Malaysian PM Najib Razak says new law vital to tackle Islamic State threats
Kuala Lumpur, Malaysia ( Anadolu Agency + DIPLOMAT.SO) – Malaysian Prime Minister Najib Razak has defended the enforcement of a controversial security law that the government plans to introduce next month, saying that the country needs such moves to counter rising terrorist threats, namely from the Daesh militant group/ Islamic State group.
In a statement released late Wednesday, Razak acknowledged criticism of the National Security Council (NSC) Act but said its detractors have deliberately misinterpreted its actual purpose.
“My government will never apologise for placing the safety and security of the Malaysian people first. These laws were necessary, and other countries have since followed our lead,” he said.
The NSC Act, which gives supreme security powers to a prime minister, will come into effect August 1st, which Razak labels as a determined action by the nation to fight terrorism.
It was accepted under the federal constitution June 7, although it did not receive the consent of the Malaysian King or the powerful Council of Rulers.
Passed by both the upper and lower houses of the Parliament on Dec 22 last year, it has lead to angry protests from opposition lawmakers and civil society groups, who claim it will grant powers to the prime minister detrimental to the position of the King and the Federal Constitution.
Under Federal Constitution Article 66 (4A), any bill passed in Parliament will automatically become law 30 days after it has been submitted to the King, with or without the ruler’s consent.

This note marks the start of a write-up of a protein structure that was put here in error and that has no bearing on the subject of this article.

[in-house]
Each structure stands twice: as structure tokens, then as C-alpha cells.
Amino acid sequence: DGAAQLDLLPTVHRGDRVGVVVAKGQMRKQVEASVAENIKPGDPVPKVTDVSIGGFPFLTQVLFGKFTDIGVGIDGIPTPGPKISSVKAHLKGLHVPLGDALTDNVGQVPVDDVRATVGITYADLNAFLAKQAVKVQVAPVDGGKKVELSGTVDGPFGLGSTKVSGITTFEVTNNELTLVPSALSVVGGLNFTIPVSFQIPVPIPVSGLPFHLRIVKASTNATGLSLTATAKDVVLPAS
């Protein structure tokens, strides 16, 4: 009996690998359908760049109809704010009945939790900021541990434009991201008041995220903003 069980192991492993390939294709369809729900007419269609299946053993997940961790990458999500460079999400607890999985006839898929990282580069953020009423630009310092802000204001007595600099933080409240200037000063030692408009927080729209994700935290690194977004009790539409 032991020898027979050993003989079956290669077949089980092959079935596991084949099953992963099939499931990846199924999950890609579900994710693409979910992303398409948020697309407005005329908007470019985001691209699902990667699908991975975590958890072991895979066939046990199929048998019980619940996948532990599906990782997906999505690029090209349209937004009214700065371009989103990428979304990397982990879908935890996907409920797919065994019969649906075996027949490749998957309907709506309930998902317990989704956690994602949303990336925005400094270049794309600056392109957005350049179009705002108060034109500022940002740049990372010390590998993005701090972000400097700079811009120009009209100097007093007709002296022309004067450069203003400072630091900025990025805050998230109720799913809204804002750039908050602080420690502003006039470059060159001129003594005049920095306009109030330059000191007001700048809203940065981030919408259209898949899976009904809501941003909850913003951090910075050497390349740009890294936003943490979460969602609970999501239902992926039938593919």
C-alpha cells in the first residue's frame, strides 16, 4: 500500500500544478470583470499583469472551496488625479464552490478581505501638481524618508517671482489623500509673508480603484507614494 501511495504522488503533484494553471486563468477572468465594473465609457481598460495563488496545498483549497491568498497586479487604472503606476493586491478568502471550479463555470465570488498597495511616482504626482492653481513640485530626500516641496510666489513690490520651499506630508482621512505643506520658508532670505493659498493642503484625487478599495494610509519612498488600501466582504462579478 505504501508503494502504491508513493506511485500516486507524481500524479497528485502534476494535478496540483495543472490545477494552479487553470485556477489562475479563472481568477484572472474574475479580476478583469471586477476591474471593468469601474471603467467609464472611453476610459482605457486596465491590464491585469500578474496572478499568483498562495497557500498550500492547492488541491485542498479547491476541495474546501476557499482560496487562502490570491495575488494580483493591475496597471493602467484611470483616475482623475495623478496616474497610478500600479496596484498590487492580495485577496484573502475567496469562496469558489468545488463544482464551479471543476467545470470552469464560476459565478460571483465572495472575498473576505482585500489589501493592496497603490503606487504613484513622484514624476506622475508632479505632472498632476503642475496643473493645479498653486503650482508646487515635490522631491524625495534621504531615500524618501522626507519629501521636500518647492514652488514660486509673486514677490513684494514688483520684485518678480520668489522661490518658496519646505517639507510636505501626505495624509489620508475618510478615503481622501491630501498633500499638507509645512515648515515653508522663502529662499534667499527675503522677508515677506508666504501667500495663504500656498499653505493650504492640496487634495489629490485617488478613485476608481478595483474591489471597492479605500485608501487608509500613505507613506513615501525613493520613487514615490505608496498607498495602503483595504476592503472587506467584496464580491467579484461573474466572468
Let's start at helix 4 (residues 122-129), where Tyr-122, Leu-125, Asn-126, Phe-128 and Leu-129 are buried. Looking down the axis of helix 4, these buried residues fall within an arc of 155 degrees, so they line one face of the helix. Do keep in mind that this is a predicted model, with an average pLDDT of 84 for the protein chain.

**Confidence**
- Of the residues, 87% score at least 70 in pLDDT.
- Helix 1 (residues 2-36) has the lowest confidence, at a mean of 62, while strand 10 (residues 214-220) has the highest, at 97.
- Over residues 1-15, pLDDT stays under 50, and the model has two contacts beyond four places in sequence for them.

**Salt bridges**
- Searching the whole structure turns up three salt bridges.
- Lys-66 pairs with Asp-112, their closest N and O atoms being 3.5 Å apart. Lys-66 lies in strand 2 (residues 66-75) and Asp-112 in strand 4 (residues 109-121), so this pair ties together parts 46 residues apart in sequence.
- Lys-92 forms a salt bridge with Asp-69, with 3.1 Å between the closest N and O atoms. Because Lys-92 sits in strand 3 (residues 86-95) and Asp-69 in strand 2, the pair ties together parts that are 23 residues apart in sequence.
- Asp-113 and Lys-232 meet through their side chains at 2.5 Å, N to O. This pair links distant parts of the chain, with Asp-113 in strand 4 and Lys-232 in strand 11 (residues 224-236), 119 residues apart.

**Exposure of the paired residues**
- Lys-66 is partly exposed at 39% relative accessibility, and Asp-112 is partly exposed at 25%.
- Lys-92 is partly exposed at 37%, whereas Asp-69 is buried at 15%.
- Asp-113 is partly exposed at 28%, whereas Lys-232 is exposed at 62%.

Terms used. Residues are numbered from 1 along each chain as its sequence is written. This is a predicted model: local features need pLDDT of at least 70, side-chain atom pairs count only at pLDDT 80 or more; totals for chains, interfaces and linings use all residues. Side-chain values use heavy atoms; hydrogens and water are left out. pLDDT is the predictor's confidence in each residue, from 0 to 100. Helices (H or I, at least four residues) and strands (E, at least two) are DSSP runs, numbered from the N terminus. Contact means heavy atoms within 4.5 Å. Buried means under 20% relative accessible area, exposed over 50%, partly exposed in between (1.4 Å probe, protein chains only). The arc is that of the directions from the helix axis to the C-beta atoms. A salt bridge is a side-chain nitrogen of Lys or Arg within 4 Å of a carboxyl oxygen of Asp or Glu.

The NSC – which would be chaired by the prime minister – also allows him to take charge of the security forces and declare a designated location seen as a security risk to the country as a “security area”.
The declared area would be valid for six months at a time, subject to renewal by the premier.
Security forces will also posses the right to search or arrest without warrant any individual found committing, alleged to have committed or reasonably suspected of having committed any offence under written laws in the security area.
Razak on Wednesday defended that his administration will never interfere with the powers of the Malaysian King or the Council of Rulers.
“It is not the same as a declaration of national emergency — that power remains with His Majesty the King — and Parliament remains sitting with oversight on any security area declared,” he said.For more news and stories, join us on Facebook,Twitter , or contact us through our Email: firstname.lastname@example.org, email@example.com